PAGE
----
Fragments are important
Large or small, these written fragments contribute to the record of our daily lives during lockdown.
Circulars & Fliers — John Sullivan
The postie always gets through, even when the rest of us are in lockdown.
Mail and other things from my mail box
As well as letters, cards and bills, they also bring circulars, official information handouts and community notices.
I have seen a few of these come through my letter box.
We might like to consider keeping these. It is interesting to know what information is still being conveyed on paper in these days of instant electronic communication.
Oral history — Lynette Shum
In these strange and uncertain times, you may be in contact with somebody who has interesting reflections on the situation.
Maybe you share a bubble with them or are in contact with them via live internet audio-video or telephone. With the convenient recording technology we have at hand, you may be inspired to record your conversations with them for posterity. These recordings can be a source of delight and wonder for generations to come. While you may not have access to specialised oral history recording tools, you can still interview people in a way that has enduring value.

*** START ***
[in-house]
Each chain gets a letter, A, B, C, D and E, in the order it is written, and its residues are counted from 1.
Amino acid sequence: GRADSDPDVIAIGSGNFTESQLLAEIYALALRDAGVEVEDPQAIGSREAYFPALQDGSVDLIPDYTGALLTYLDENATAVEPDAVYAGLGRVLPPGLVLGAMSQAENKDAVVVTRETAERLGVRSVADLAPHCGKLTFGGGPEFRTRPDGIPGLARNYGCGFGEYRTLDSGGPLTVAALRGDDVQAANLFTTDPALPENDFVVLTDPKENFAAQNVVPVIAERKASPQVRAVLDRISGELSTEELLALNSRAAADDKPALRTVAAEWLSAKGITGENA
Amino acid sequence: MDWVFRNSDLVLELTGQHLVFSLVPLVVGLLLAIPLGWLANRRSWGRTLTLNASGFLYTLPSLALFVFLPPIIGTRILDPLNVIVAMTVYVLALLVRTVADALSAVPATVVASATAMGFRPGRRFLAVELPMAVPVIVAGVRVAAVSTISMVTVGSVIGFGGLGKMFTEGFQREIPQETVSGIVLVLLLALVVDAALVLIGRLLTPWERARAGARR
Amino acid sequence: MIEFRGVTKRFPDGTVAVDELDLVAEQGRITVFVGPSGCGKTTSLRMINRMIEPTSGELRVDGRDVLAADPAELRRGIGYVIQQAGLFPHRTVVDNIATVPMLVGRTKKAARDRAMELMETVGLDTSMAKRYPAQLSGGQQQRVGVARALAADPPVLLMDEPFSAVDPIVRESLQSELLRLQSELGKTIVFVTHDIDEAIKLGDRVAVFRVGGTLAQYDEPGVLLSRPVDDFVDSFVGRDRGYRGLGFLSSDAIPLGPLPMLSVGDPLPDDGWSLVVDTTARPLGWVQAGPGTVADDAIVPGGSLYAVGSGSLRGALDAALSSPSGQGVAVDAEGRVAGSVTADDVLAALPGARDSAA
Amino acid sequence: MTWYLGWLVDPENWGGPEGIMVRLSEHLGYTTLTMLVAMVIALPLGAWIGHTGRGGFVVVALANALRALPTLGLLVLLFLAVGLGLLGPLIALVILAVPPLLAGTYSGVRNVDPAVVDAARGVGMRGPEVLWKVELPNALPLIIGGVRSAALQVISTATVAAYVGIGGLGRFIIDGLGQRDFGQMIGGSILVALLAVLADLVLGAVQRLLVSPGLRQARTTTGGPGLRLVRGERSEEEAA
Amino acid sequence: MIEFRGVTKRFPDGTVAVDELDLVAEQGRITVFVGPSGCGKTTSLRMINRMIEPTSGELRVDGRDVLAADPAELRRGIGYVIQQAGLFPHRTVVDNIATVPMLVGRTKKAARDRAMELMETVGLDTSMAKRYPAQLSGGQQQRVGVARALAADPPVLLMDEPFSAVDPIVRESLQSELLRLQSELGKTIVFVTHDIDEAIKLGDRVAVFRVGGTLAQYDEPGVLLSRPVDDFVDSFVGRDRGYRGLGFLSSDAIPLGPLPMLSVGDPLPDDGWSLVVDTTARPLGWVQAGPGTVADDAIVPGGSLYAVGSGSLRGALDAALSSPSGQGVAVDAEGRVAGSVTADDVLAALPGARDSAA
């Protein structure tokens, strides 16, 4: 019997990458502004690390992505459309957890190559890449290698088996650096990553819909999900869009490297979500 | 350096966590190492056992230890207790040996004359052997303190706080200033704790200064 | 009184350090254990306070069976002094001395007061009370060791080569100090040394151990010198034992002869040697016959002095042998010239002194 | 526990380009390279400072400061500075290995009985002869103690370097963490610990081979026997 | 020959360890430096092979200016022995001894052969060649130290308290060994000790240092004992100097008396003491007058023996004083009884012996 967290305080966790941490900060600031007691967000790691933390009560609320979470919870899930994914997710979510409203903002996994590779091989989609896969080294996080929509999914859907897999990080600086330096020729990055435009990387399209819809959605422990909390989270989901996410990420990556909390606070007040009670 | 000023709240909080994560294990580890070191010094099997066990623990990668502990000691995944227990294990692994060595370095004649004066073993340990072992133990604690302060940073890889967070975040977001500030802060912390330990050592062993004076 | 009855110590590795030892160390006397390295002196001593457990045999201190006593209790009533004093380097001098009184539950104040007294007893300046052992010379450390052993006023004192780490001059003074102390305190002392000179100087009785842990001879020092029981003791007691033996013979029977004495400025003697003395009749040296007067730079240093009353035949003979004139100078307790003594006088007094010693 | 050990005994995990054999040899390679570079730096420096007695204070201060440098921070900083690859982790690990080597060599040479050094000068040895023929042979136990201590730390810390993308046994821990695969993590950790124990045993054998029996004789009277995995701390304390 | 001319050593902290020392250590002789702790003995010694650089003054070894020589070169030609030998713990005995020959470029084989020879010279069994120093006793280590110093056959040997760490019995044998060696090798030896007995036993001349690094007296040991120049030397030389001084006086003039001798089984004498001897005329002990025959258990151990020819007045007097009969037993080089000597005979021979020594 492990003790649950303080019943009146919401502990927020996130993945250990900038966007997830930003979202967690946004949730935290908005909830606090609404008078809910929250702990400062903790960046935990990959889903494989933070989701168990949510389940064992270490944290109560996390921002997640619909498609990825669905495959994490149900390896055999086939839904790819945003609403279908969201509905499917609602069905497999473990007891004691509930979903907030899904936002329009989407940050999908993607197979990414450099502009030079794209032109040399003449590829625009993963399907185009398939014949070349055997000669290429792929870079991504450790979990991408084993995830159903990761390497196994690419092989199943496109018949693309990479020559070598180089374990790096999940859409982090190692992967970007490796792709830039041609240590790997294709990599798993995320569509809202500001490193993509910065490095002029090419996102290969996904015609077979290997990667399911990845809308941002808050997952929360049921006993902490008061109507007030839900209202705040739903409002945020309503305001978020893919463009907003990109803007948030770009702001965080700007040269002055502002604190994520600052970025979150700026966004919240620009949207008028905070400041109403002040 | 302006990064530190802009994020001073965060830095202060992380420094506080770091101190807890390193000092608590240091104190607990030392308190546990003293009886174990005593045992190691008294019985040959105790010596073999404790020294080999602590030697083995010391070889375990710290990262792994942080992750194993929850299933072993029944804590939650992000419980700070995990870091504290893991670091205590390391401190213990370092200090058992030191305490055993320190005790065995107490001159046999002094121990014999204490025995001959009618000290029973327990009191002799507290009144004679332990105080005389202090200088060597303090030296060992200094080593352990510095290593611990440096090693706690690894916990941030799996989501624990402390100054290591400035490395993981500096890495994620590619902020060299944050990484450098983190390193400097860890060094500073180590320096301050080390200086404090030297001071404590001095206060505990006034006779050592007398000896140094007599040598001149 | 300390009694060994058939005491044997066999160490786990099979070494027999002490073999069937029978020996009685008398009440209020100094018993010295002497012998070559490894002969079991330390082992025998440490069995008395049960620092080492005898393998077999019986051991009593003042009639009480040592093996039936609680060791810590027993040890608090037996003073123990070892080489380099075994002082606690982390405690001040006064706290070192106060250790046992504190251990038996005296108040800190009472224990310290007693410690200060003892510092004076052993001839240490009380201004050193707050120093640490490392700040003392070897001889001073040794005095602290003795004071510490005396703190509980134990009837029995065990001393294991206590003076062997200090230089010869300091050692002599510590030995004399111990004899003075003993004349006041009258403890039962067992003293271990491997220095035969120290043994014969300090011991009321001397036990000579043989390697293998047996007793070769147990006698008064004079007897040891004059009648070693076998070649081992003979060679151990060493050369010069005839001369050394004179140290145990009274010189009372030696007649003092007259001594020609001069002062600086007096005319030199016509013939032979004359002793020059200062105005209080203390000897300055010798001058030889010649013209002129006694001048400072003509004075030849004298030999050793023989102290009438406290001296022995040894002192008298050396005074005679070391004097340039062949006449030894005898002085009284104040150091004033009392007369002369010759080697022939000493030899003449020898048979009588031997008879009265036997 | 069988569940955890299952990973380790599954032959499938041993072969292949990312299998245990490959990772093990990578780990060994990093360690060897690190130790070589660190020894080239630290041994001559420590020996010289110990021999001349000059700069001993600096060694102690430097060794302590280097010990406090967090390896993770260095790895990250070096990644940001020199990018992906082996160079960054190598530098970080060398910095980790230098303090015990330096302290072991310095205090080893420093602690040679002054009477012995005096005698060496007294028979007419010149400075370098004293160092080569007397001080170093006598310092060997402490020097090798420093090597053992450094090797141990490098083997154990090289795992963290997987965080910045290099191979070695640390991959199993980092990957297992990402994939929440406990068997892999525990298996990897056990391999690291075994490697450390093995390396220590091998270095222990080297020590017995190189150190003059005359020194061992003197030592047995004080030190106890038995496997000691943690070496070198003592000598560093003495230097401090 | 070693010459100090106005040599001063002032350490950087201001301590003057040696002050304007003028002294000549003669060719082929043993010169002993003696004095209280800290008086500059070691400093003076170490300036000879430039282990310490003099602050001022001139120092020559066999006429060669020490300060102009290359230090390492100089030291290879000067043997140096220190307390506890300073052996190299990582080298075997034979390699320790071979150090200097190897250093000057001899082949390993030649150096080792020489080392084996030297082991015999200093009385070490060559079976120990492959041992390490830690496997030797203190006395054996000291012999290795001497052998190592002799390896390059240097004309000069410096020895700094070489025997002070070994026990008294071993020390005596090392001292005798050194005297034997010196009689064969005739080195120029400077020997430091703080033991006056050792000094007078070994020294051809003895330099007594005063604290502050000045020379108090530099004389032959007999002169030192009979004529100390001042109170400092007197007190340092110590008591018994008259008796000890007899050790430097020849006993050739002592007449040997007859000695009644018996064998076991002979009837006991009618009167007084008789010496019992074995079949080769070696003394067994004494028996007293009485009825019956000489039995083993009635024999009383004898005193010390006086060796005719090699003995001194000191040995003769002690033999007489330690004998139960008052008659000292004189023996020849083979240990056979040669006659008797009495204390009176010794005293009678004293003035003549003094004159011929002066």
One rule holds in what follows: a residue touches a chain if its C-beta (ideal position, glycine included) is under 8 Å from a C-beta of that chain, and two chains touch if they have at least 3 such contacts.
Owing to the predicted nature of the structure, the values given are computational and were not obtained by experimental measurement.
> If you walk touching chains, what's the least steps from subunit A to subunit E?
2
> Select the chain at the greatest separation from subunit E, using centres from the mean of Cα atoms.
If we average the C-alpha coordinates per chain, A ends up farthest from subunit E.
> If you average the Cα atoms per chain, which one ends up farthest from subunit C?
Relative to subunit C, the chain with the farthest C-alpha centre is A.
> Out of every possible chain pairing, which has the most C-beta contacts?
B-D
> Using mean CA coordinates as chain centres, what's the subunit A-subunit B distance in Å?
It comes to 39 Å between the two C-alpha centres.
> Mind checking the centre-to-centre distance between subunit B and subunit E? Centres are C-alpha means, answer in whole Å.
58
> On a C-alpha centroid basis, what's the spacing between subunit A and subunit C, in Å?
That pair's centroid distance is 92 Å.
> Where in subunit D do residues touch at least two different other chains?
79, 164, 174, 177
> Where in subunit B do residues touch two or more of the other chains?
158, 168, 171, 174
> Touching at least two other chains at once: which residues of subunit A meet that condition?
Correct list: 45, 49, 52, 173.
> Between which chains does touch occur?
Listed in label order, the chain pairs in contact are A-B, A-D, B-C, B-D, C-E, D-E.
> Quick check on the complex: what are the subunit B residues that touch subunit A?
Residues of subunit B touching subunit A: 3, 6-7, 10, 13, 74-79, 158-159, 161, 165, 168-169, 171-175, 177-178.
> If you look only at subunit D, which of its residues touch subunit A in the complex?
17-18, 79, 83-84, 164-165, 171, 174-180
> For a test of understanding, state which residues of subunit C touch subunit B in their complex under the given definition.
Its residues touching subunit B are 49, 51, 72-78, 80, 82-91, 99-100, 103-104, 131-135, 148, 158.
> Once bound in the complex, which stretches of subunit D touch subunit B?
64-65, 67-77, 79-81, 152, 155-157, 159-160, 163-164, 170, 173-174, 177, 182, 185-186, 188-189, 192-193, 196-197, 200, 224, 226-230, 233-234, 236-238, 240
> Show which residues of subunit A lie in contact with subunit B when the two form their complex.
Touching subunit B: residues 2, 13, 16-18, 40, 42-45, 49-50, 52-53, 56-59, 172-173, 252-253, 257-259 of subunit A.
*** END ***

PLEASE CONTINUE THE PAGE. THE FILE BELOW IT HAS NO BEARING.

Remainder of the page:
Mutually agree on purpose and use of recording
When you are recording someone, there are a number of things you should do to be sure you and your interviewee mutually agree to the purpose and use of any recordings. From the outset, you need to have their agreement that they will be recorded and tell the interviewee why you are doing it, why you are talking to them and, most importantly, what is to happen to the recording afterwards.
They may want to put conditions on its use, especially if you both decide that it should be offered to a library (or another repository). Decisions about these matters need to be recorded, ideally in verbal and written agreements, whether they share your bubble or are on the other side of the world. Even if the recording is for family or personal use only, it is important to document the wishes of the interviewee. Make sure you both agree on the topics you want to cover. Your role is to listen, clarify and record.